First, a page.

Local and state jurisdictions can apply for no-cost assistance to implement a community justice project.
Last week, we marked the 25th anniversary of the Midtown Community Court with a celebration at the Museum of Modern Art.
Since Midtown began offering new, smarter responses to low-level crime, the idea of community justice has spread far beyond New York City. As U.S. News & World Report recently reported, the Midtown Court has sparked an international movement, encouraging courts to reduce the use of jail and promoting sentences that are restorative to the community, victims, and offenders.
In recent months, we have worked with the U.S. Bureau of Justice Assistance to promote the spread of community courts. The Community Court Grant Program has enabled us to provide seed funding to 15 courts, including the following five new sites:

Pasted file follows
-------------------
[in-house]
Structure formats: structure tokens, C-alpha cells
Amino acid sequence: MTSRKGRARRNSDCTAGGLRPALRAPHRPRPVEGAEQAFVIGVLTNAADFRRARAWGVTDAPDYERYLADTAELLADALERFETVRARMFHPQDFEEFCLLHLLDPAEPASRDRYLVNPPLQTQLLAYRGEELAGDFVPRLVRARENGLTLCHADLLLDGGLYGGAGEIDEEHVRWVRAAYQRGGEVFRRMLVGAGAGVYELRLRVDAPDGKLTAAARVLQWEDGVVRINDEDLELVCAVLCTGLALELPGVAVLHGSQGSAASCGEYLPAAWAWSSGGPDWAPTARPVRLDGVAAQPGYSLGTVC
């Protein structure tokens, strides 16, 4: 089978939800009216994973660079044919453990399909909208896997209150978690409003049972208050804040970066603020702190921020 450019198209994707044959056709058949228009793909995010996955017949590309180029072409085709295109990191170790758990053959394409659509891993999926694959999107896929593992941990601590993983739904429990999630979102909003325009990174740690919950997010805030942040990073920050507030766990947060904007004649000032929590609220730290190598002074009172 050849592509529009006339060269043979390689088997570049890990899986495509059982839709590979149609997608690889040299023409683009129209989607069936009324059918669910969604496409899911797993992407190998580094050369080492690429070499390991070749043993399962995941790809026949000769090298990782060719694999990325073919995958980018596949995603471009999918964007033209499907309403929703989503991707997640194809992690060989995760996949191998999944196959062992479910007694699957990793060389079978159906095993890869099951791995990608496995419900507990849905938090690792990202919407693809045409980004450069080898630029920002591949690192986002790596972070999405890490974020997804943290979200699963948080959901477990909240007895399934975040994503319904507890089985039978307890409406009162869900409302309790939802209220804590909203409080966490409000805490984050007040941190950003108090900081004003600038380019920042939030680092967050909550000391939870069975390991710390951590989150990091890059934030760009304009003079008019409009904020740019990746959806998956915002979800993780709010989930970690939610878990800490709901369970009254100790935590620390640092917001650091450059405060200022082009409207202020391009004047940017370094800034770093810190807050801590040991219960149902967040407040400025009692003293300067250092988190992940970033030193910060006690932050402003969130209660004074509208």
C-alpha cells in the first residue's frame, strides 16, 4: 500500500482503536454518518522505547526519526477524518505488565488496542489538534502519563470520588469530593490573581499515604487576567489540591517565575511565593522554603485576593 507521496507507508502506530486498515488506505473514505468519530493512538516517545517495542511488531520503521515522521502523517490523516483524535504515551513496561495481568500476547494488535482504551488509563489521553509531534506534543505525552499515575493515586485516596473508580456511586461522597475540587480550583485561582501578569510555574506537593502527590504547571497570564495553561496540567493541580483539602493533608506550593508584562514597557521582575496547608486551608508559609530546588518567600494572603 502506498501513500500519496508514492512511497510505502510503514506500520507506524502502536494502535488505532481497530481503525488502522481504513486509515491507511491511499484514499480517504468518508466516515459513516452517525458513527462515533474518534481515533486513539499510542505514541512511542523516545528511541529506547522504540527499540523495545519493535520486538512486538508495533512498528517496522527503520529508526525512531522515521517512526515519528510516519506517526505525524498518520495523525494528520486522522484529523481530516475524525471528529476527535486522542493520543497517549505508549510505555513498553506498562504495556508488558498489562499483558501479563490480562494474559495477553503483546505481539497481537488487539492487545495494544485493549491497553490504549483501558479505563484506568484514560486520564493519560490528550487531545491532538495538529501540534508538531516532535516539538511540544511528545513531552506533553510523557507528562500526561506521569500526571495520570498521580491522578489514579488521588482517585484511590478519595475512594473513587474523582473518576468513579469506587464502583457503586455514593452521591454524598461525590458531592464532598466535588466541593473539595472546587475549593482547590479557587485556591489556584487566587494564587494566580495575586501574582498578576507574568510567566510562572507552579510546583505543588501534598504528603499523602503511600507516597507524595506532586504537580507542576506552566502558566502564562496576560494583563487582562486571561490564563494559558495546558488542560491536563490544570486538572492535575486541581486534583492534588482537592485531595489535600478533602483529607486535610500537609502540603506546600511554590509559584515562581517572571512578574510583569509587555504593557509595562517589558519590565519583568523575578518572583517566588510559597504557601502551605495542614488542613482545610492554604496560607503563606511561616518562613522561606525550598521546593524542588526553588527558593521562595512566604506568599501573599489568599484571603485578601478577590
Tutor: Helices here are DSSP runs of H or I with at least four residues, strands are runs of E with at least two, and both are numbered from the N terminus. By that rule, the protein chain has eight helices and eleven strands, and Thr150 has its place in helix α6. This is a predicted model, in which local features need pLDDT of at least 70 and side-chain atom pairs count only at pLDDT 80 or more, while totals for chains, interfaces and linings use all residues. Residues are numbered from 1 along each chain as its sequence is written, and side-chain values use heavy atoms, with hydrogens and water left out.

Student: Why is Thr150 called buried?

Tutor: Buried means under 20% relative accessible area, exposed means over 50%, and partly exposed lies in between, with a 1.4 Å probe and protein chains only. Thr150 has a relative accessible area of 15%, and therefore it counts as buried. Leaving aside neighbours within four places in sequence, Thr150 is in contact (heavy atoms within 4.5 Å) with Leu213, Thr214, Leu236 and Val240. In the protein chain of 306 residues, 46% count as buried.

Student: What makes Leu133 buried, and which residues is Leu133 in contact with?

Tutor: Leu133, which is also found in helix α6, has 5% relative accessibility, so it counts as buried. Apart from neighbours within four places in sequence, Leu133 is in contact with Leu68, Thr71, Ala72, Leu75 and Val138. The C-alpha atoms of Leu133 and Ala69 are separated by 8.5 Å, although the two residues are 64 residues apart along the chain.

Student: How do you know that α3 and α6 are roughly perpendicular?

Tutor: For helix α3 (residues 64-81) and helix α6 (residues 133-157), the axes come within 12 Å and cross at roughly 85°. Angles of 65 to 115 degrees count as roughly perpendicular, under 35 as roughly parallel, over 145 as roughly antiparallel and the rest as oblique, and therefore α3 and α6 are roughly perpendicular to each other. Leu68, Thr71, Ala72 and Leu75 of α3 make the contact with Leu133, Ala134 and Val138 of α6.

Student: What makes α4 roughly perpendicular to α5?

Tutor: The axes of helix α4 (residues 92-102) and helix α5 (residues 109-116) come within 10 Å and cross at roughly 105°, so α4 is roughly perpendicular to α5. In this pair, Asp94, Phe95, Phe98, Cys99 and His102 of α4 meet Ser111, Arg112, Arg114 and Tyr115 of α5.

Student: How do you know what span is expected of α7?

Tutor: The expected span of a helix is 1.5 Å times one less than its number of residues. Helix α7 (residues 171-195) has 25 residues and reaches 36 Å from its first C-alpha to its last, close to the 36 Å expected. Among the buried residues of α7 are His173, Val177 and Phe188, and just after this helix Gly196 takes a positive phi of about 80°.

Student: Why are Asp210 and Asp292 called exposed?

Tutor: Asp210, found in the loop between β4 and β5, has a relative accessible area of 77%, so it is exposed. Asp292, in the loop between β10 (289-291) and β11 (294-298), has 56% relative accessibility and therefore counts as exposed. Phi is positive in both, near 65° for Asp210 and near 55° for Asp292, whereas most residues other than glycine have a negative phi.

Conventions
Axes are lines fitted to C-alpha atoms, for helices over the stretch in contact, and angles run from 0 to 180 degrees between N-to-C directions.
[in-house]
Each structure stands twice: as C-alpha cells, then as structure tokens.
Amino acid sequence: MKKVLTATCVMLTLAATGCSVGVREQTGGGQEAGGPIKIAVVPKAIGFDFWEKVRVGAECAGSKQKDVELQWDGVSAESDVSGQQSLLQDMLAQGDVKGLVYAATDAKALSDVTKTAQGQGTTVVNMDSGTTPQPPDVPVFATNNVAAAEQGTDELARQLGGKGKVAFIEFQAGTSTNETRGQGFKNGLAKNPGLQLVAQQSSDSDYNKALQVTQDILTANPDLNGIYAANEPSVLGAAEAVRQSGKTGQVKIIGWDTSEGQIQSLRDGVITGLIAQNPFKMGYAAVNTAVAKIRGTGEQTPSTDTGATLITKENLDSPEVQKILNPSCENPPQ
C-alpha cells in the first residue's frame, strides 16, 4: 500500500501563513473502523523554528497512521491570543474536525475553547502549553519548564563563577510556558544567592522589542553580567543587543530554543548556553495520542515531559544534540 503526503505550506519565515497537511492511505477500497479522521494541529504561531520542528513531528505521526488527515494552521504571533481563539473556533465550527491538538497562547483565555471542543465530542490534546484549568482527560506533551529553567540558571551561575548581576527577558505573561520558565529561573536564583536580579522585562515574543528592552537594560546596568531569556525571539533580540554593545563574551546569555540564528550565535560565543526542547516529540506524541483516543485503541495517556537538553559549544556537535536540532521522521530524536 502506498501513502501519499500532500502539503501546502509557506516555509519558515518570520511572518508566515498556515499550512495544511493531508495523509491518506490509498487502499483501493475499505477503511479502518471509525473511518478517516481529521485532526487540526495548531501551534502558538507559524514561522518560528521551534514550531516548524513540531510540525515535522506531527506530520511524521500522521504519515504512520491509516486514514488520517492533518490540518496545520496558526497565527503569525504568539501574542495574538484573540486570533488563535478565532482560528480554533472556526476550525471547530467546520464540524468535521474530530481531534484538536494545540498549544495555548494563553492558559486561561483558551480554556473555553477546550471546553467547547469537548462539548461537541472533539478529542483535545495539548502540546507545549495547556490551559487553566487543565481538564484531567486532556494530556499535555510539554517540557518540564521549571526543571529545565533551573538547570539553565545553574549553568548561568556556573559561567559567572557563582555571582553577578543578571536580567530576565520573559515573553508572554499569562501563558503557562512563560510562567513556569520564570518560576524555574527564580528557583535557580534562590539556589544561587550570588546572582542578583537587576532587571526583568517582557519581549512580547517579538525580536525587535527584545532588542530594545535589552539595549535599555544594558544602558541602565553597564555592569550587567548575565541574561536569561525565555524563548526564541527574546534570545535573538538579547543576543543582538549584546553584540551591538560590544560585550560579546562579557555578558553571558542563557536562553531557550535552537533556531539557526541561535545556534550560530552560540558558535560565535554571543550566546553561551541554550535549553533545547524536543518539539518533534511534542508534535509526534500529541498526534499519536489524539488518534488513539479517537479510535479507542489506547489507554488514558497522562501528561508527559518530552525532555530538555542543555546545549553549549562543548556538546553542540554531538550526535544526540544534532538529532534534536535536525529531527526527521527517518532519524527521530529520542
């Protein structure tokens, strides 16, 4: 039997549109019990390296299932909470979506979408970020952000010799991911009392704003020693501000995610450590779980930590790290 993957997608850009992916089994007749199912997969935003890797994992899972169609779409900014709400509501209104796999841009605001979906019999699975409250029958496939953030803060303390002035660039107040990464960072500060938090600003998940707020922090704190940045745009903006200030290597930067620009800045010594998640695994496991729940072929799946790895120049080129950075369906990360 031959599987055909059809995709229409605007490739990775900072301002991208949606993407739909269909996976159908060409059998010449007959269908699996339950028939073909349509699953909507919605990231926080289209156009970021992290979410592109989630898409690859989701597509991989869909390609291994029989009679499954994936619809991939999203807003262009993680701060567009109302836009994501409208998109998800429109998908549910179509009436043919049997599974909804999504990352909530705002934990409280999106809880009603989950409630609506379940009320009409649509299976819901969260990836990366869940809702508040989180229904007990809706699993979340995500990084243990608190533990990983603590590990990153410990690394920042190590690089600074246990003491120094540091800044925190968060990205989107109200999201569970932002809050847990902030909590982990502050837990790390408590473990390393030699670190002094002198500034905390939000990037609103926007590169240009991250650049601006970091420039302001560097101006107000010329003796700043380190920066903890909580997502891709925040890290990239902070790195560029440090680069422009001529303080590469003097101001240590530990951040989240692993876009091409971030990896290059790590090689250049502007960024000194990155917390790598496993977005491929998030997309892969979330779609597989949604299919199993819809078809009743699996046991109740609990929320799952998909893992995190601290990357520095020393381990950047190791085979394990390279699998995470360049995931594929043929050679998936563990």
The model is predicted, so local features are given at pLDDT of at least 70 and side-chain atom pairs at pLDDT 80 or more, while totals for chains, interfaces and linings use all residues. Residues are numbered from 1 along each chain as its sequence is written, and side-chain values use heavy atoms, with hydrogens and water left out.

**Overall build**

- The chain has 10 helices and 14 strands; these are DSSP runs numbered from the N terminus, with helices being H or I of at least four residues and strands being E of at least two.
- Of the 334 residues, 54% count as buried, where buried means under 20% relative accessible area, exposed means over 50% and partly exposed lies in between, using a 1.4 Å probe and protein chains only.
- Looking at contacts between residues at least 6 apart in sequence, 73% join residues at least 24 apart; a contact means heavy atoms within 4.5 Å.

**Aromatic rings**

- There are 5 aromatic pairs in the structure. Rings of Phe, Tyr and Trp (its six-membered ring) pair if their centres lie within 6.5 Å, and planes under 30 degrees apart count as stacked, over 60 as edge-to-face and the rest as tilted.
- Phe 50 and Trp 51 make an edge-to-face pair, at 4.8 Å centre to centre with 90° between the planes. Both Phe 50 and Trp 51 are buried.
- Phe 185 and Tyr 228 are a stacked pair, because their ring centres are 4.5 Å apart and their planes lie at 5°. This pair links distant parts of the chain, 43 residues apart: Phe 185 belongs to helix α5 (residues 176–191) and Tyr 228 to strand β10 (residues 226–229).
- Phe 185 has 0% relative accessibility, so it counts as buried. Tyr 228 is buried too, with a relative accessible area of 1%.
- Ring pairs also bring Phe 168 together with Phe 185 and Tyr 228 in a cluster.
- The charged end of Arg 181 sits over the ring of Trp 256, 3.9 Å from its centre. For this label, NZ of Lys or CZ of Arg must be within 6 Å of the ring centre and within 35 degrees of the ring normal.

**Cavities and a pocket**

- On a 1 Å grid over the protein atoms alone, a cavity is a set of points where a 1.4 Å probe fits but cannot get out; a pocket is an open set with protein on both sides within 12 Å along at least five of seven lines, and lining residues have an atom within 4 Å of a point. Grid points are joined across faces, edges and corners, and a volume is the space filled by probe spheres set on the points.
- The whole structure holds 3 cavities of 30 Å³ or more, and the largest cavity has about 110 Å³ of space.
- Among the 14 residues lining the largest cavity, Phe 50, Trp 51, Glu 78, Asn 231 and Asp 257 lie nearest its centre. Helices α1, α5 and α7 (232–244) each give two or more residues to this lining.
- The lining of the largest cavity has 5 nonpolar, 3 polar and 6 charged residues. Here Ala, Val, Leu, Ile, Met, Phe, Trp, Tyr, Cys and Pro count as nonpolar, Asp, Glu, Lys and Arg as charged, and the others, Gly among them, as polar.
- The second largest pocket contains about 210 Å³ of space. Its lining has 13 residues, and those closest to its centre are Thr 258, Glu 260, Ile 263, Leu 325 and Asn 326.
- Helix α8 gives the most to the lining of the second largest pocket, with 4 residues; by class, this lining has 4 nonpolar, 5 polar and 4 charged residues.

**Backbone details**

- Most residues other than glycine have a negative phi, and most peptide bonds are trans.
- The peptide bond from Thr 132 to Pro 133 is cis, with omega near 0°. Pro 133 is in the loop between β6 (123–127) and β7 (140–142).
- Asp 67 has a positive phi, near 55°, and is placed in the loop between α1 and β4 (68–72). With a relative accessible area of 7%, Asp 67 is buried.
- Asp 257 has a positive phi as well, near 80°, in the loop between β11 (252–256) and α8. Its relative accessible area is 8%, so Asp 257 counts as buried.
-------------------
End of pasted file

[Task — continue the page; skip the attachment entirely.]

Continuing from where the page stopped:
- Davidson County (Nashville), Tennessee
- Fort Lauderdale, Florida
- Reno, Nevada
- Puyallup, Washington
- Wilmington, Delaware
We are helping reformers in these places test new approaches to local problems, replacing revolving-door justice with common-sense solutions. As part of the same initiative, we’ve also named four new mentor community courts in Olympia (Washington), Orange County (California), South Dallas (Texas), and Downtown Spokane (Washington).
We invite jurisdictions across the U.S. to apply for no-cost technical assistance to implement a community justice project. Applications are due by January 15, 2019.